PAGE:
Genuine interest in others. Self-reflection. The ability to listen. Accessibility and authenticity. Flexibility and a good sense of humour. These are the qualities that we bolster as necessary elements to pursue counselling as a profession, but what makes a successful counsellor?

Having spoken to counsellors on a large scale, I’ve discussed the pitfalls of the industry, some struggle to find work and the drop off rate from those that seek a counselling profession is high.

I want to talk about the facets that make a counsellor successful.

1. Students. Students. Students.

The level of mental distress in the student population is huge. A recent study (NUS, 2013) found that 78% of students suffer from mental distress during their time at university. The problem is that must universities are ill equipped or have not adapted to the high demand and high turnover needed for the student population. Remember a university semester in the UK is just 3 months, that’s a short turn around time for a student who’s grades are slipping and their exams are trudging closer. The problem is most students don’t consider going private.

By providing a discounted student therapy service, you capture that audience of students that are tired of the universities service and alienated by the more expensive private practice counsellors.

2. Mental Health And Mental Illness

It’s important to help people really suffering and really that must remain the priority but therapy still provides a massive benefit to people in the mild — moderate level of mental illness and further to those people trying to improve their day to day productivity.

Talking about students earlier I made the point about time. 3 months is a tiny amount of time, there’s this huge demographic of students that are going unnoticed who are really underperforming because of mental distress. That mental distress might be because of workload, being away from home, isolation or because they just broke up with their significant other.

Making a difference and talking through minor problems might actually prevent a person’s descent into a much deeper problem.

3. Social media- What are you waiting for?

There seems to be almost an adversity to social media when it comes to therapeutic intervention in the UK. This is the starting point for building a community of people engaged with your practice. For most people the two biggest obstacles to seeking therapy are accessibility and approachability. Instagram, Snapchat, Facebook live are massive tools at your disposal to both connect with your audience and provide links to your practice and to your online platforms (more on that later).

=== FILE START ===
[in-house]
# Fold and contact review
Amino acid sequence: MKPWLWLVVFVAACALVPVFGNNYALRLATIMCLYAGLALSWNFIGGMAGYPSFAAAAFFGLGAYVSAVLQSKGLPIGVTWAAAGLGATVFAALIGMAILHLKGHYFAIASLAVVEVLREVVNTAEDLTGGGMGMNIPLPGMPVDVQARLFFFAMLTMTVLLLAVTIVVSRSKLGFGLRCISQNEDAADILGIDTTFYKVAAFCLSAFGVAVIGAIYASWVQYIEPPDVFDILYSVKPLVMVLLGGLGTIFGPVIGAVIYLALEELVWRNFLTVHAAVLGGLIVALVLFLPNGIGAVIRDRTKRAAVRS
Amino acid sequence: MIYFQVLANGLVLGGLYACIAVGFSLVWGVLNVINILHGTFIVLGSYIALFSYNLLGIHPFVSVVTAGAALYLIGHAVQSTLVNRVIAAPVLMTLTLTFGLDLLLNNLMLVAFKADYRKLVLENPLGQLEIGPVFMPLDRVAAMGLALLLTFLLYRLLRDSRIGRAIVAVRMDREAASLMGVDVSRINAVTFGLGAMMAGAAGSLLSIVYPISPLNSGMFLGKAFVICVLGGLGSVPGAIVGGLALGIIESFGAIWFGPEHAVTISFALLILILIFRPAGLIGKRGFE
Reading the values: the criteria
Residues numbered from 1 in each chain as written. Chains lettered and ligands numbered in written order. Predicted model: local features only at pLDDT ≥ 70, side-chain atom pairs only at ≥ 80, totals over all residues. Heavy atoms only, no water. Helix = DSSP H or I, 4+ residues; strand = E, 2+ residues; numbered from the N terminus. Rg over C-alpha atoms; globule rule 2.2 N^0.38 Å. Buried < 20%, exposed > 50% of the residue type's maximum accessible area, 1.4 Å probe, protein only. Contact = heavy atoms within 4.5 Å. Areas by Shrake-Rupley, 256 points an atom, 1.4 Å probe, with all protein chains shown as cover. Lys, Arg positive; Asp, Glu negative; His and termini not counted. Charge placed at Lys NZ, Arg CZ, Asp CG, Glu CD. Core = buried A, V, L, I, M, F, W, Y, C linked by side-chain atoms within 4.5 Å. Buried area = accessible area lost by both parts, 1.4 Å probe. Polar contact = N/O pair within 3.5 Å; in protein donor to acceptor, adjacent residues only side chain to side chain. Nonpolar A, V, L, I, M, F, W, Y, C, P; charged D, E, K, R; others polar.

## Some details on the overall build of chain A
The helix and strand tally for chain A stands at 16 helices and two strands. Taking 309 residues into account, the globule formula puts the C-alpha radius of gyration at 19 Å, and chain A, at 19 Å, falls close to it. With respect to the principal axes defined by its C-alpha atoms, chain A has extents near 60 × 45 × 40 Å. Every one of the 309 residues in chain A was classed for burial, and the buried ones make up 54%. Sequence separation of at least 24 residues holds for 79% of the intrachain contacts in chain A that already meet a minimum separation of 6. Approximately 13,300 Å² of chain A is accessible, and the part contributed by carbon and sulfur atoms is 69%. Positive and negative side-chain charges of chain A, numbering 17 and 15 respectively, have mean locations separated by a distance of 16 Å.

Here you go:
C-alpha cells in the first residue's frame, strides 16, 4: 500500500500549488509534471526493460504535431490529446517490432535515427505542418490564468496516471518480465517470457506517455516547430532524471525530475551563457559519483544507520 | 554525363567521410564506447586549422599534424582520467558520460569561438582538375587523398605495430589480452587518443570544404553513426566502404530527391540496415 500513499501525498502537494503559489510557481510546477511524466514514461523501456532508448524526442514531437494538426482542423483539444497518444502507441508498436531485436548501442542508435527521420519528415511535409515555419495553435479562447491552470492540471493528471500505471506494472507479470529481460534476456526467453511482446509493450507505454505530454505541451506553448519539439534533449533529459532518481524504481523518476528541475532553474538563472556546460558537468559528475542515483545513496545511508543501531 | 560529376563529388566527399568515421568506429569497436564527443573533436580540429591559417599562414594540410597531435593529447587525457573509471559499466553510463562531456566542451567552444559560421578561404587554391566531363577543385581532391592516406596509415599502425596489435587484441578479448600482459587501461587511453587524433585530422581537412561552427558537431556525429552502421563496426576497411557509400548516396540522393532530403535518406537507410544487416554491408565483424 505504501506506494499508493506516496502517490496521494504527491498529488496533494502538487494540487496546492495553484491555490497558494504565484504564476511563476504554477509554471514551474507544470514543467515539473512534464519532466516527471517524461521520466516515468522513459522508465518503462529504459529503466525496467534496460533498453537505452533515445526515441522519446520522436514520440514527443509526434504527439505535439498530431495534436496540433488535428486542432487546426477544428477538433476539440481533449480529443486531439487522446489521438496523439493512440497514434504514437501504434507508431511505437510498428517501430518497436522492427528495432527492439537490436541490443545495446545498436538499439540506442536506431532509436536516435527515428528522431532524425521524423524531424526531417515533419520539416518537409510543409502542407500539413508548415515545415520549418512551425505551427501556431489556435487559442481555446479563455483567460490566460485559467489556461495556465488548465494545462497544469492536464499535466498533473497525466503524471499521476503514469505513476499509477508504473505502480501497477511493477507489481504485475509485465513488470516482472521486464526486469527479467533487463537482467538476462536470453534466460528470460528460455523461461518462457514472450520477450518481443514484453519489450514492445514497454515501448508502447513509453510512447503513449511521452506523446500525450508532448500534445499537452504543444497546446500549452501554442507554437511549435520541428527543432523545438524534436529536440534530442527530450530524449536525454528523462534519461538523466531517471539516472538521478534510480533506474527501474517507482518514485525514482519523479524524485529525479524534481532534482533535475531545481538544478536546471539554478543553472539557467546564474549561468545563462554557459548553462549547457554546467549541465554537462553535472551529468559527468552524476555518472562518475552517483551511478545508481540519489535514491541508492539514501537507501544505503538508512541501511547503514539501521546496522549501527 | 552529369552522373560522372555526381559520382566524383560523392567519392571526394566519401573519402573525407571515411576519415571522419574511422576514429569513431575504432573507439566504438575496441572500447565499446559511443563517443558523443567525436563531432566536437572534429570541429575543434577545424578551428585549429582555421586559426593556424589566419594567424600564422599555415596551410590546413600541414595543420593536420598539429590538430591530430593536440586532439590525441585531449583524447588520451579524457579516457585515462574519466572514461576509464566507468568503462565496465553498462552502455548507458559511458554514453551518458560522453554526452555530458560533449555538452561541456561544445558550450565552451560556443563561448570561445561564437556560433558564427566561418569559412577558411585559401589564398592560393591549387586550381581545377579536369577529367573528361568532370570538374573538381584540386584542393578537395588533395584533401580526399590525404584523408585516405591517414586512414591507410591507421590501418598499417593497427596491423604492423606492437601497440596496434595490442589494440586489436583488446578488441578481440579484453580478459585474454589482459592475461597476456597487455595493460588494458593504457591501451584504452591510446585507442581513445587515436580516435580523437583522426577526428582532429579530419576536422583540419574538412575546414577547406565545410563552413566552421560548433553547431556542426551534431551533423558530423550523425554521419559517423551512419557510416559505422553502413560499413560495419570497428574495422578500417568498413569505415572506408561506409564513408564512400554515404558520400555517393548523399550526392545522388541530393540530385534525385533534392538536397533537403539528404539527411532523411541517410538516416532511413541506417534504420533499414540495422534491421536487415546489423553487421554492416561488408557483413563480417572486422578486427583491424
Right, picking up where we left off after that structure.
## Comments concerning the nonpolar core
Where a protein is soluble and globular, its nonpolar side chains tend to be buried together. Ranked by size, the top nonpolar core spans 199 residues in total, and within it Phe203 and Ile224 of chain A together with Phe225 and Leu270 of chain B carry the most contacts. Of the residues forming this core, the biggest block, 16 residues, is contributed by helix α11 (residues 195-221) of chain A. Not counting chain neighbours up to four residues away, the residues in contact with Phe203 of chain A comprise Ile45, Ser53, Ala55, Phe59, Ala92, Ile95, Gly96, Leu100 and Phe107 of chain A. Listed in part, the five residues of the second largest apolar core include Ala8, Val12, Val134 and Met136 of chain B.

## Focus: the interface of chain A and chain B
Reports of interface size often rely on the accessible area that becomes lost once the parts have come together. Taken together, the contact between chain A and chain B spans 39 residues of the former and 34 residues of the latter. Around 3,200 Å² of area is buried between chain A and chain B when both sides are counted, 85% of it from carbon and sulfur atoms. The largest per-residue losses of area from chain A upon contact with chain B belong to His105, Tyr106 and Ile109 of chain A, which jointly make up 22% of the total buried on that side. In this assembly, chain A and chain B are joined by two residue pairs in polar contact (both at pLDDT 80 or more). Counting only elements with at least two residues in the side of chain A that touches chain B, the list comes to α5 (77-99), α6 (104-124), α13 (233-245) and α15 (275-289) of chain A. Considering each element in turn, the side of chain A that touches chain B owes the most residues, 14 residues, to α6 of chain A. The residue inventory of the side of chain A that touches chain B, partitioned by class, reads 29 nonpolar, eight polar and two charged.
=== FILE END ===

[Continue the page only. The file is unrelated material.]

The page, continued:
The problem is people are still thinking about therapy like the Freudian cliche, them laying on a chaise lounge and you telling them that they fantasise about their mother too much. People fear what they don’t understand. Use social media to explain what is involved or to make a joke and actually make that personal connection with individuals before they walk into your practice or see your face on Skype.

Start learning about what you can do with these tools and approach your profession a little more creatively.

4. Get Online. NOW.

Now I’m not just talking about a website, if you don’t already have one and one that’s mobile then you are doing it wrong. I mentioned Skype; it’s naive to think that therapy will always work on a walk-in basis. Forbes wrote an article about the 40million dollars behind online counsellor aggregators apps like Quartet in America. Again it’s a question of accessibility, most people spend a staggering amount of time looking at their phones. If your therapy is accessible by installing an app like Skype, WhatsApp or Skype you’ve removed the time it takes for that person to change their mind about seeking help.

Let’s not forget this gives you the flexibility to work anywhere and reach those clients you otherwise wouldn’t for the time it takes to travel.

Most therapist apprehension comes from the fear that losing a client during an emotional point by the phone dieting or connection dropping could mean that client completing suicide. The harsh reality is that with face to face counselling the risk is no different, as a therapist, you can’t always be there and by using a secure texting app you could even ensure that you were more reachable.

There are safeguards you can take:

  • Ensure you know their location
  • Ask them to have their phone plugged into the mains or at a desktop.
  • Make sure they are using a steady wifi connection or remain in one place.
  • Online counselling has just as many risks as face to face it’s just more accessible.

5. Don’t be afraid to give out therapeutic advice for free.

In the world of Instagram bloggers talking about meditation, mindful tea and soothing avocado you, as registered counsellor, have the opportunity to provide people with some real value. Just be creative with it. The less we see of something the more we react apprehensively, it’s like those videos of cats seeing cucumbers for the first time, Seeking therapy is the unfamiliar cucumber and it is your job to make people feel more at ease with the notion of therapy as well as treating them.

Blog about helpful tips to deal with anxiety, tweet about the common themes of Schizophrenia, Instagram the photos of your happy clients and a quote about their experience (with their permission of course). The more you give socially the more you gain financially.

6.Listen to what you clients want.

I write this article from a rather unqualified place, I’m not a counsellor or a doctor. I’m a recently graduated Psychology undergraduate who has been through a university counselling system. I deeply understand that system is broken and private counsellors have all the right tools to fix it they just need to engage more,

Thank you for your time.


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